What do you do after a doctor tells you that you shouldn't run marathons? Clarence DeMar's doctor told him to not run anymore marathons, so he went out & won the Boston Marathon 7 times....
He ran Boston for a total of 33 times altogether....after doctor's told him his heart was too weak to run.
This race is to honor this extraordinary accomplishment and person.
-note; we are not suggesting you ignore your doctor's orders. we are simply telling DeMar's story.
from a number of sources; including Wikipedia
Clarence Harrison DeMar (June 7, 1888 – June 11, 1958) was a U.S. marathoner, winner of seven Boston Marathons, and Bronze medalist at the 1924 Paris Olympics. He was known by the nickname "Mr. DeMarathon."
DeMar was born in Madeira, Ohio. The 1910 Boston marathon was DeMar's first; he finished 2nd. Later in 1910 he was advised by a doctor that he had a heart murmur and should stop running within a year or two. The next year at the Boston Marathon the doctors on the starting line advised him of his heart murmur and told him that he should drop out if he was fatigued, and that he should not run any more races. Nevertheless, he won in 2:21:39, a course record.
Among marathoners, DeMar is remembered as one of the all-time greats. No other marathoner has won seven times at Boston. His seventh victory in Boston came in 1930, when he became the oldest winner of the event at the age of 41. He still holds that record as well.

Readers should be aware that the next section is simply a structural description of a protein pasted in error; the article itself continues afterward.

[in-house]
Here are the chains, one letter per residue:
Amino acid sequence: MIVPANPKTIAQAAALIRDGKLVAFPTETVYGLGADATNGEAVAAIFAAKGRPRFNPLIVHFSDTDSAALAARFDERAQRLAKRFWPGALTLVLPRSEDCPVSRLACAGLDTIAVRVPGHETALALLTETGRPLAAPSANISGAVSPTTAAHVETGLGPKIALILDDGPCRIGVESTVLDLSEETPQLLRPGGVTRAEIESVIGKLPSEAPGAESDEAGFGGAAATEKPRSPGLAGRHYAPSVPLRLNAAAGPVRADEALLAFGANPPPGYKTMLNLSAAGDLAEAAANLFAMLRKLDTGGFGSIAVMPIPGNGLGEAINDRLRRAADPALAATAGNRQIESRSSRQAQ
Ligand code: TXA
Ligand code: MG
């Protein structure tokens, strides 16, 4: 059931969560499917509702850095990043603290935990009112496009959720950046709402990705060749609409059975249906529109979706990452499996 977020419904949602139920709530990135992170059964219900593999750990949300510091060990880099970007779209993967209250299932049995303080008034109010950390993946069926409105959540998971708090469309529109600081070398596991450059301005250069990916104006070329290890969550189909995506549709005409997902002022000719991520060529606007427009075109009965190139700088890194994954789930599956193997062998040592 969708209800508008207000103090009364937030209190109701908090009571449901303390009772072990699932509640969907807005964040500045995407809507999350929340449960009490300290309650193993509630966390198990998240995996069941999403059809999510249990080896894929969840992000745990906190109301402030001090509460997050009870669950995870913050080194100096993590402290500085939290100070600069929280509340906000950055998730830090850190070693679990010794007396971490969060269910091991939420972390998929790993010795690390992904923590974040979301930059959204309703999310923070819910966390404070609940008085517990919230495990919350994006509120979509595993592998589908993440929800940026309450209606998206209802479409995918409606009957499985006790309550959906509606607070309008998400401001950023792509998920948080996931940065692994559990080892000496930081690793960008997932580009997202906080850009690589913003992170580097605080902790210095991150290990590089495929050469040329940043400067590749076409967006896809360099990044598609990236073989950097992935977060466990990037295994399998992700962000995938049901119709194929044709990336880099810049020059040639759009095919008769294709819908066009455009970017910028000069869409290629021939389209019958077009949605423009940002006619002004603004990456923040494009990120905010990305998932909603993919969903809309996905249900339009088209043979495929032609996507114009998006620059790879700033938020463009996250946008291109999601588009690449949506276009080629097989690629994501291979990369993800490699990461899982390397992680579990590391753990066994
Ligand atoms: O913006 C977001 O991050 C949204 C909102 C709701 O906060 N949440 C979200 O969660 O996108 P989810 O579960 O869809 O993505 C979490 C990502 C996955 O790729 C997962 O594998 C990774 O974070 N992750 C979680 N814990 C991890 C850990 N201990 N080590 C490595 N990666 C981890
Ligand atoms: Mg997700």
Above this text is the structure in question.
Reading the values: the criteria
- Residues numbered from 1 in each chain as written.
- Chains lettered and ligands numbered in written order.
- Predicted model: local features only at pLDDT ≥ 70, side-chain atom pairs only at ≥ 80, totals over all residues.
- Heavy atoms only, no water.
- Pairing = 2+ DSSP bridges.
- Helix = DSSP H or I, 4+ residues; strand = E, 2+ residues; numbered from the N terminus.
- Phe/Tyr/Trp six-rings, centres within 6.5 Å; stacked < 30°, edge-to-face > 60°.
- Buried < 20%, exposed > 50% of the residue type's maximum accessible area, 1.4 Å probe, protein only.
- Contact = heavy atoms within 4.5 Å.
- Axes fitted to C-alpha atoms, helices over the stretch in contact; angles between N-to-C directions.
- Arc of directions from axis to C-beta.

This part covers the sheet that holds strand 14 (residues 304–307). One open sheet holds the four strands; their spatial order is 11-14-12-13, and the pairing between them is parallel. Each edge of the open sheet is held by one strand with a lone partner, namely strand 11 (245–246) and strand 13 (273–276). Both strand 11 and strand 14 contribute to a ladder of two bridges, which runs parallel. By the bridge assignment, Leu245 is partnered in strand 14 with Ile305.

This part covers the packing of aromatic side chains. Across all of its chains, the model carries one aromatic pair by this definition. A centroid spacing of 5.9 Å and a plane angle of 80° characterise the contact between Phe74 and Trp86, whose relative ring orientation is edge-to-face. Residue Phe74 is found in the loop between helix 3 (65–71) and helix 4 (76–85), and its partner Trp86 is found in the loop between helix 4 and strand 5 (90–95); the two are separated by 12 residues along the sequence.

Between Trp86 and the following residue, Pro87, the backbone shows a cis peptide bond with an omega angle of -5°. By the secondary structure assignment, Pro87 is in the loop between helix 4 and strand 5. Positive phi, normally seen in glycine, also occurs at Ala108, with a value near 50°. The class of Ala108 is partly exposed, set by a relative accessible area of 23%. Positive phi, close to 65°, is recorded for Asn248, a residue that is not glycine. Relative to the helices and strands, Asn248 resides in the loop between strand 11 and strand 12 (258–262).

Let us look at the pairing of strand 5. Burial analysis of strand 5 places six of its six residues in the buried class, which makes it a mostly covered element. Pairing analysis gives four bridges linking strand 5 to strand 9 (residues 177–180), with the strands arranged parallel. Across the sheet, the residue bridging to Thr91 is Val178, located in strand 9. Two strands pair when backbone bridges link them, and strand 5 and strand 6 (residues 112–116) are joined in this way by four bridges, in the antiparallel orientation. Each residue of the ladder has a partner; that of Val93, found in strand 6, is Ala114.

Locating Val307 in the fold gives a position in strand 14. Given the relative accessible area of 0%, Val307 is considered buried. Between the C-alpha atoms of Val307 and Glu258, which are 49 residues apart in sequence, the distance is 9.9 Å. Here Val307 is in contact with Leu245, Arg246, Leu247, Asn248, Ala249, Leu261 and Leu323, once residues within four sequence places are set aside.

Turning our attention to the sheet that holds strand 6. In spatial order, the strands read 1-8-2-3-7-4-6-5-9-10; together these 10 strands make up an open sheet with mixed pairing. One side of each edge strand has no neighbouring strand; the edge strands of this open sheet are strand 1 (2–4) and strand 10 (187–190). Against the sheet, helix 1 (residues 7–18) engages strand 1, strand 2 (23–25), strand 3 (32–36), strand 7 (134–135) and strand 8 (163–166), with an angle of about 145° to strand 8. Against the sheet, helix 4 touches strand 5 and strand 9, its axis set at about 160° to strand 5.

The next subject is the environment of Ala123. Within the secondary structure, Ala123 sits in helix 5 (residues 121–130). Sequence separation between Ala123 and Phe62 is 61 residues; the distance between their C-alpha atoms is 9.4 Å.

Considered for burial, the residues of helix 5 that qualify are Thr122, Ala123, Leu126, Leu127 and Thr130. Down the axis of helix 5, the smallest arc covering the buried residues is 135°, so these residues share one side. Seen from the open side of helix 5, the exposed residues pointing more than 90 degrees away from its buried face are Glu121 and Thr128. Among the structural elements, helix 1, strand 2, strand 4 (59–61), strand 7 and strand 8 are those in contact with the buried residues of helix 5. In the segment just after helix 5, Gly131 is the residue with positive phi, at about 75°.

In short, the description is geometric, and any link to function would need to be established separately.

DeMar came to the Keene area as an instructor of Industrial Education at Keene State College (then called Keene Normal School). He also worked with the track and cross country teams at the college, training his teams on an old cinder track located near the marathon course's finish line. Just a few hundred yards from the finish line is the site of Demar's former residence on Appian way. Later he moved his family to a farm near the Keene Airport on Route 32. The marathon passes that site near the 22 mile mark.
DeMar was always running. He ran back and forth to work, completed marathons at the Brockton Fair, and took part in 44-mile runs from Providence to Boston on St.Patrick’s Day.
And besides running, DeMar had many other talents. He was a scoutmaster, reverend, family farmer, typesetter, and scholar.As a competitor, DeMar was legendary.
In 1983, DeMar's widow, Margaret DeMar Arnold told a story which takes the legend a little further. Just a few days before he died of cancer in 1958, Mrs. Arnold recalled, "Clarence crawled into the backyard and planted a garden. He simply refused to give up."